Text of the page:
Thursday, February 28, 2013

Umami Burger - San Francisco, CA

Umami Burger in the Cow Hollow area of San Francisco is one of several California locations of this upscale burger chain. The space is dark and inviting. We arrived around six on a Thursday evening and to our surprise were ushered right to our butcher block table. We have eaten here several times and it can be very crowded, particularly on a weekend or later in the evening.

Our server appeared immediately to take our order. I ordered the Umami Burger ($11). It is one of several burgers built from the ground up. Umami takes pride in concocting each burger with toppings and custom sauces to make each one a unique experience. The 1/3-pound burger is house-ground from some "proprietary blend of high end cuts" as our server told us after inquiring with the manager. It is griddle fried rather than flame broiled, which I always prefer. The Umami Burger itself includes Shiitake mushroom, caramelized onions, slow roasted tomato slice, parmesan crisp and Umami ketchup. (Don't miss the Umami Ketchup on your thin fries either. The ketchup is more tomatoey and spicier than your normal Heinz 57.)

The burger arrived sitting atop a white bun, perfectly dome-shaped and stamped with a "U".  The bun is finely toasted to perfection. The burger itself is a work of art. I have never seen one so finely assembled and presented. Biting into the burger, which is prepared a perfect medium rare, you get each taste hitting your tongue separately and then blending in unison. I noticed the mushroom first, then the beef, cheese and ketchup. It is really a delight.

The Thin Fries ($3.50) are little matchsticks that really live up to their name. Crisp, salty and tasty, you need to eat them fast, because they don't hold the heat for long. The Onion rings are surprisingly uniform in appearance. Their light batter covers and somewhat overwhelms the soft onion inside. I dunked them in the jalapeño ranch sauce and they added a nice little kick.

My wife Pat had a burger with only cheddar cheese. Called the kids burger, it is the same size and bun as my burger. It is really the margarita pizza of burgers. In its unadorned state, it achieves a certain burger perfection that only works when the beef is flavorful, sparingly spiced and fresh.

Skip the pecan, bacon pie. Microwaved to a tongue burning temperature, it disappointed after the quality of the rest. Crust should never be subjected to a microwave, so it was hard to tell how good it was. The bacon was more of a gimmick than an addition.  Instead, have another beer or glass of wine from the nice selection.

According to Cookthink, the tastes of sweet, salty, bitter and sour are familiar, but there is a fifth taste we can perceive with our tongue. Called umami, its taste has been described as rounded, rich and savory. I think this aptly describes the Umami Burger.

Burger 5 spatulas out of 5
Fries 4 spatulas
Onion Rings 4 spatulas

Umami Burger
2184 Union Street
San Francisco, CA 94123

This Samurai Sword sits in the entrance.

Saturday, February 16, 2013

Smashburger - Thousand Oaks, CA

Smashburger in Thousand Oaks, CA presents a clean modern looking restaurant to have your hamburger. I liked the laminate wood grained tables and wood chairs.  No faux 50s aesthetic that has become a cliché in burger places. You walk right up to the counter and order from the flat screen menus behind the server. I ordered up a Classic Smash in the big size ($5.99). The regular ($4.99) is 5 ounces. The big is a half pound. They also offer a double, which is two quarter pound patties rather than one half pound ($5.99).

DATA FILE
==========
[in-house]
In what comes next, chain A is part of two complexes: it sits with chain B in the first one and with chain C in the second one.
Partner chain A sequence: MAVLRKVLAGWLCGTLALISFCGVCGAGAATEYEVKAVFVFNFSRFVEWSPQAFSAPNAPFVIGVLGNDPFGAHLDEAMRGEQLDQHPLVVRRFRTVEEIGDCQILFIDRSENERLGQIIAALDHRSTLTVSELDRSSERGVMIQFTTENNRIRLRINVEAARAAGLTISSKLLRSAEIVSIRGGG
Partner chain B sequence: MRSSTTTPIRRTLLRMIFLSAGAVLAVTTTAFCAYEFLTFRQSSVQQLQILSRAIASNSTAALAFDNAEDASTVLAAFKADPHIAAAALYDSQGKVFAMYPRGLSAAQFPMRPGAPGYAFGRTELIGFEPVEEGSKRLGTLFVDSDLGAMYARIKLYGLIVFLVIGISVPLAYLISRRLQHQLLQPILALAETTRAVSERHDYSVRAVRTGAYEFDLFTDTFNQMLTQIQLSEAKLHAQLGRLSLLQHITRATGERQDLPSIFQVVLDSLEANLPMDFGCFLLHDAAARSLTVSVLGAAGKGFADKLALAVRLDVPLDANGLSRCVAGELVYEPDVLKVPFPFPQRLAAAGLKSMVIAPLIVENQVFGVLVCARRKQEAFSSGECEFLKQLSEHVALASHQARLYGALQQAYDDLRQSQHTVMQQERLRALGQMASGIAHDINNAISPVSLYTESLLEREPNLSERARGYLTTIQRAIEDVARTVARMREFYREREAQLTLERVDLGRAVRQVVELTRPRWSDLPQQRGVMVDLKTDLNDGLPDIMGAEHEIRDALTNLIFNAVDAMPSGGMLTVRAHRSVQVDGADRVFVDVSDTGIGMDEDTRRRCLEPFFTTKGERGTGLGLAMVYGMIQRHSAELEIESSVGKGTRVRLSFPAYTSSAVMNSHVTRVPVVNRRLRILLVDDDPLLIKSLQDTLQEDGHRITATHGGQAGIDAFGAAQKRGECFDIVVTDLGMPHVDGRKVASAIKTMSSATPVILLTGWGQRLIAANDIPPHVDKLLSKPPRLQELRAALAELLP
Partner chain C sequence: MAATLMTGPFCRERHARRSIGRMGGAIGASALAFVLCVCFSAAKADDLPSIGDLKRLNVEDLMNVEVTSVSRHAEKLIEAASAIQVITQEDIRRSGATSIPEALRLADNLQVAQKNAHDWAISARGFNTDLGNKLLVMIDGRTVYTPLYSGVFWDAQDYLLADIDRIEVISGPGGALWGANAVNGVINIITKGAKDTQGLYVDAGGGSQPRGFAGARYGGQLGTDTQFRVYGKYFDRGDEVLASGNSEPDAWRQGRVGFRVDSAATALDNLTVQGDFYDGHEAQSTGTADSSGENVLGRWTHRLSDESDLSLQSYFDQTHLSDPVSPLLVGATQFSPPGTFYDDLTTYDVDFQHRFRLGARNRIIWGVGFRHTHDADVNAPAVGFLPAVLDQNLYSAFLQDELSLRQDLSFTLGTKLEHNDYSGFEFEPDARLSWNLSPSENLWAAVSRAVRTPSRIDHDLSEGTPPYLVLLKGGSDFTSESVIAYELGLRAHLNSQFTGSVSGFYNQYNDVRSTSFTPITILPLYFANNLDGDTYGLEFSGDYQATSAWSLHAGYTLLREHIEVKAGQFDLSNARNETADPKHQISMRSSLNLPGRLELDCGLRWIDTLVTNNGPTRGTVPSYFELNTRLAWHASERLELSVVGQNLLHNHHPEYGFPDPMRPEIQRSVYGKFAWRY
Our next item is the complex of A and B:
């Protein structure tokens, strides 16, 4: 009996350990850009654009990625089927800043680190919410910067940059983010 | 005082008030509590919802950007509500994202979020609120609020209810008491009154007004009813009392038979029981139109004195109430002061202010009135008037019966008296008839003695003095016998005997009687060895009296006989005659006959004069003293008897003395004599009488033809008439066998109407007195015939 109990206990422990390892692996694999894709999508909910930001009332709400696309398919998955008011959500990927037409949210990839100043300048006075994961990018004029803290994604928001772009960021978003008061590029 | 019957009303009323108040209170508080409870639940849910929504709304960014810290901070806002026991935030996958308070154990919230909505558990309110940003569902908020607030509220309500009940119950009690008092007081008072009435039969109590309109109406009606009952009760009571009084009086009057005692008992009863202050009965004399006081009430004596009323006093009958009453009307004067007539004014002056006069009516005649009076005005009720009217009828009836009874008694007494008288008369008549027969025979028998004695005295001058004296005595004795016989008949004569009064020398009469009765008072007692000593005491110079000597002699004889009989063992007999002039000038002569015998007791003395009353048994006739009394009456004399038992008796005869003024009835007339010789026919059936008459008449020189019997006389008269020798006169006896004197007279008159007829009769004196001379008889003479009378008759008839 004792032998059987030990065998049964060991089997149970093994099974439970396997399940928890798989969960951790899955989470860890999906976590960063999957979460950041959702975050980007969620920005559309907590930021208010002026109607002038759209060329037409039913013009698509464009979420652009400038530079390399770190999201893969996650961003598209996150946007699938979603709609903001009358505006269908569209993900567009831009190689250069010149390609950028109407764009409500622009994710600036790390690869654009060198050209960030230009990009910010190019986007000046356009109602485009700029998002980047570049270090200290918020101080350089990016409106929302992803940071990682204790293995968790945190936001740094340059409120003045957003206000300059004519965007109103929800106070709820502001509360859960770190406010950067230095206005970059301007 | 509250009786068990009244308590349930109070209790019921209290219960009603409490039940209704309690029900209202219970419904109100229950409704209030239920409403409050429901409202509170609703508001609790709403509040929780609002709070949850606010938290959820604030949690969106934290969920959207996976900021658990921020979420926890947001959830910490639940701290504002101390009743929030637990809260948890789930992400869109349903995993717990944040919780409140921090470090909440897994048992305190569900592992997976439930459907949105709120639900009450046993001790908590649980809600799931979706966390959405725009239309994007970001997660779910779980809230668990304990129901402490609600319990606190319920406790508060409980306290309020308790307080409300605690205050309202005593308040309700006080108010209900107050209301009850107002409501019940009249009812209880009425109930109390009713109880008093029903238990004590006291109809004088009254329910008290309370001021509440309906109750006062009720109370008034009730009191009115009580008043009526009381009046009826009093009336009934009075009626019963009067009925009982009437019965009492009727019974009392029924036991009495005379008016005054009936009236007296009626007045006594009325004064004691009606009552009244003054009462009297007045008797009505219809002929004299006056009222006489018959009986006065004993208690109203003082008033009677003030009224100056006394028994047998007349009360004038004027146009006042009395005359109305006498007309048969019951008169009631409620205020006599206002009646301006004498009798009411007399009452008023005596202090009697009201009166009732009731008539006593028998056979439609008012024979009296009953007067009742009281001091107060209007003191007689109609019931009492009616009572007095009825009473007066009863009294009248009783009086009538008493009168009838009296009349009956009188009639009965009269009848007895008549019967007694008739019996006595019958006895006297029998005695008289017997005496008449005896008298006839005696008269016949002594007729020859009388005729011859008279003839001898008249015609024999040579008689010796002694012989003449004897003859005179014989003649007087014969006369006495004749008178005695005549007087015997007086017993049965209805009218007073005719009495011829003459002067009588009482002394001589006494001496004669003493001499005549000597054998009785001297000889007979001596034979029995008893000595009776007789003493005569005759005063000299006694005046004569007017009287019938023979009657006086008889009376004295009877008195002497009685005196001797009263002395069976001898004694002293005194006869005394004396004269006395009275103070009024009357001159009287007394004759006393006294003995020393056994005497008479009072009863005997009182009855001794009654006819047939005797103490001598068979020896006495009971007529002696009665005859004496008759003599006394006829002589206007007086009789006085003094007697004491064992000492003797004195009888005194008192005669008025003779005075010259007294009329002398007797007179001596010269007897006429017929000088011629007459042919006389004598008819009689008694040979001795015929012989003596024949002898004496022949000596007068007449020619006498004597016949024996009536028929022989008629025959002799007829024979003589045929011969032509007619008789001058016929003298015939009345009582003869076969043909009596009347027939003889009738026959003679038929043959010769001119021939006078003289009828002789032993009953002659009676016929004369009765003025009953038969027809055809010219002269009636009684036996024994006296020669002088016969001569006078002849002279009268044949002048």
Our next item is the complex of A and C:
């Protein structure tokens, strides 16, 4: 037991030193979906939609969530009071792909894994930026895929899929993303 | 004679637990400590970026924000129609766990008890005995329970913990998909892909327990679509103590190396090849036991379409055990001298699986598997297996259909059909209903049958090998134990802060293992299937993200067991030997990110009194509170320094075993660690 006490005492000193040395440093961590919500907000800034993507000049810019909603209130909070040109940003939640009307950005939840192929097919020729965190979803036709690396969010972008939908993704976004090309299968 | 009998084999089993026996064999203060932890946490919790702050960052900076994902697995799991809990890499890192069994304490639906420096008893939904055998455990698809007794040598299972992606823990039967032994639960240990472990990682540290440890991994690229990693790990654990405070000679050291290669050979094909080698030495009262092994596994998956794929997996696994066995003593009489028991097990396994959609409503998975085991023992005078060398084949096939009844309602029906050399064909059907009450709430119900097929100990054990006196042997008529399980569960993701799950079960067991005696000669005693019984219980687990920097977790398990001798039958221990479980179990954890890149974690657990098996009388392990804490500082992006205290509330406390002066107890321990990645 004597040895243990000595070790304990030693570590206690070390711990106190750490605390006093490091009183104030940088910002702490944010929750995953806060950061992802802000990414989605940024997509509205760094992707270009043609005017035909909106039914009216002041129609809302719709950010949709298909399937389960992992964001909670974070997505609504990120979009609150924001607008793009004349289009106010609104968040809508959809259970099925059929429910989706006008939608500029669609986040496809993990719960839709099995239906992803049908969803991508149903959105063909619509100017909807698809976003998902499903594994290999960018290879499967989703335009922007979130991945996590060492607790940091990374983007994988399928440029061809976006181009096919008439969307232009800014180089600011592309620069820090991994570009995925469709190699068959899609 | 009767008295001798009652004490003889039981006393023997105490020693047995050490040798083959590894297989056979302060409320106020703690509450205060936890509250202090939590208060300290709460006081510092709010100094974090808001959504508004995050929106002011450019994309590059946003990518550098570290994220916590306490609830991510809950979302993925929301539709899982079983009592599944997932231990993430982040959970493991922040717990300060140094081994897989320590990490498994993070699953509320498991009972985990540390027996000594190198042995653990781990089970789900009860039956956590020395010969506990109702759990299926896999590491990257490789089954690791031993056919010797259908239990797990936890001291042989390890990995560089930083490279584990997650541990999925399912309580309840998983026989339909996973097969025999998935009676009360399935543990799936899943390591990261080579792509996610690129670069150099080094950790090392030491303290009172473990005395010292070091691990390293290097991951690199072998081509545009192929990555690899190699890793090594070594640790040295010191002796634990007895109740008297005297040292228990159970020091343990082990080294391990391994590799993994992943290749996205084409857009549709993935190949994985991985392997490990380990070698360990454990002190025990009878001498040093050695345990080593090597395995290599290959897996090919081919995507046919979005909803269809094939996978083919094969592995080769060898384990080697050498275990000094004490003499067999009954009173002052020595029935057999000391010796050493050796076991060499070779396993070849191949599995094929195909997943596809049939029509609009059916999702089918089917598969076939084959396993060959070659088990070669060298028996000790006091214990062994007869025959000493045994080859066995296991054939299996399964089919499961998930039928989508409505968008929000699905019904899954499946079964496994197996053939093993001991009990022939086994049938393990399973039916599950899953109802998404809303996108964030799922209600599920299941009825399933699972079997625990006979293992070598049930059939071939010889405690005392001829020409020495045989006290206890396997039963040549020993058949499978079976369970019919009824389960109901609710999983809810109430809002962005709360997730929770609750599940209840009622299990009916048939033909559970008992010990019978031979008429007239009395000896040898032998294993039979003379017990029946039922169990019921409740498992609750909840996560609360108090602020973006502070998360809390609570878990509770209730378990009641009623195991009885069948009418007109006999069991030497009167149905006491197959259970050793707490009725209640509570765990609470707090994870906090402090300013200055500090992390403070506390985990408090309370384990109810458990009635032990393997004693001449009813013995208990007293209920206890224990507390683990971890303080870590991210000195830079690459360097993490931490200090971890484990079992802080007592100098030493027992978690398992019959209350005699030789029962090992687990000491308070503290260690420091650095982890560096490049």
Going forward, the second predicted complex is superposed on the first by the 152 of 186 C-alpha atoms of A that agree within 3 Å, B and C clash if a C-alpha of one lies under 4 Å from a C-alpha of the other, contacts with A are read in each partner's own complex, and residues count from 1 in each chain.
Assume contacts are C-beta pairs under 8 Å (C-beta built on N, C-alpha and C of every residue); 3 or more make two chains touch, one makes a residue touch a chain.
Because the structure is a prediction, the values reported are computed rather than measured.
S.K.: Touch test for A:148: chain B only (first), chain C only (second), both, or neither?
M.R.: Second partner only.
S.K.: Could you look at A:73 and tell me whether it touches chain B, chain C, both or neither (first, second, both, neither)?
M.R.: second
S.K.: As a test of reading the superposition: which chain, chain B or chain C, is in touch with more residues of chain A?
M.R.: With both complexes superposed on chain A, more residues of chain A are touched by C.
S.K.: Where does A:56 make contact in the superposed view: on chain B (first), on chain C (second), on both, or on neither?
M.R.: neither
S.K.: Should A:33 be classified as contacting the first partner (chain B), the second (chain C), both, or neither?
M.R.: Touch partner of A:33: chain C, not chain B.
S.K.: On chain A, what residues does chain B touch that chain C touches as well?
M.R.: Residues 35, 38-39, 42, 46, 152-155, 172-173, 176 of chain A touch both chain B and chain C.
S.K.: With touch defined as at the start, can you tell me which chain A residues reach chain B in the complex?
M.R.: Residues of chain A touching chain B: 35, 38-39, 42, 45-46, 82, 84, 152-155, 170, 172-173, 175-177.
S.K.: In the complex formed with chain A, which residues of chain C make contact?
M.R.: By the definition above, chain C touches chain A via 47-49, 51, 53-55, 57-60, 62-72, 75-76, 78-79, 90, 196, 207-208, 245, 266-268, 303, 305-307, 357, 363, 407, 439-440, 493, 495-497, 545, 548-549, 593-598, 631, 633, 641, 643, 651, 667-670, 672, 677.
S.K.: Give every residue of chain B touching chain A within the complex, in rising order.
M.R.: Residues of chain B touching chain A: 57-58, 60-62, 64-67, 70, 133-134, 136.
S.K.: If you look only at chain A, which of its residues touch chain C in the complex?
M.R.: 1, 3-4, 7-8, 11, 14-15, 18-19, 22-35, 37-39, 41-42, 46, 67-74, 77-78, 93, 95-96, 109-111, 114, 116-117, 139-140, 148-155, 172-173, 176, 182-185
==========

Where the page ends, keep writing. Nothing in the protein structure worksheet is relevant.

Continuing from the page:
I barely sat down and my order was there. It is a nice looking burger. The yellow bun was left open with the burger on one side and all the veggies and condiments on the other. I assembled as served and took a bite. The patty was cooked through, but still plenty moist if not particularly juicy as billed. The theory on the "smash" in Smashburger is that they start with a ball of fresh Angus beef and then smash it onto a buttered griddle, searing in the flavor and juice. I have always thought that you compress the ground beef as little as possible to keep the patty light, juicy and soft. The thicker patty also allows more pink beef in the middle. Having said all that, this is a very high quality enjoyable burger. The meat tasted savory and flavorful. All the flavors had a nice balance with the very fresh veggies: pickle chips, green leaf lettuce, tomato slice and red onion. There is also mustard and ketchup.  The American cheese was mostly melted, although it could have been more so. 

The Haystack Onions ($2.29) were light, thin, peppery and flavorful. Served hot and crisp they were supposed to be served with a dipping sauce, which I did not get. I had to go back to the counter and ask for it. Turns out that they were out of the containers for it and had to improvise a french fry container for it. Not a big deal, but leaving that great sauce out of the order would have robbed me of the delightful concoction. The sauce stings the taste buds with a delightful, creamy horseradish mix. 

The Smash Fries were the best of the lot. For a chain, I really appreciate the creativity here. Smashburger rolls the thin, crisp fries in rosemary, olive oil and garlic. The subtle garlic didn't overpower like garlic fries. These fries would be great without the extra spices, but with them, they are a don't-miss addition to the burger. 

Smashburger is a worthy option against other burger chains. It compares well with In-N-Out and beats Five Guys in my opinion. The more substantial burger is a plus. It is more expensive than the previous mentions, but that is not unexpected given the quality of the items ordered.

Burger 4 out of 5 spatulas
Haystack Onions 3.5 spatulas (Get the sauce)
Fries 5 spatulas

650 North Moorpark Road
Thousand Oaks, CA 91360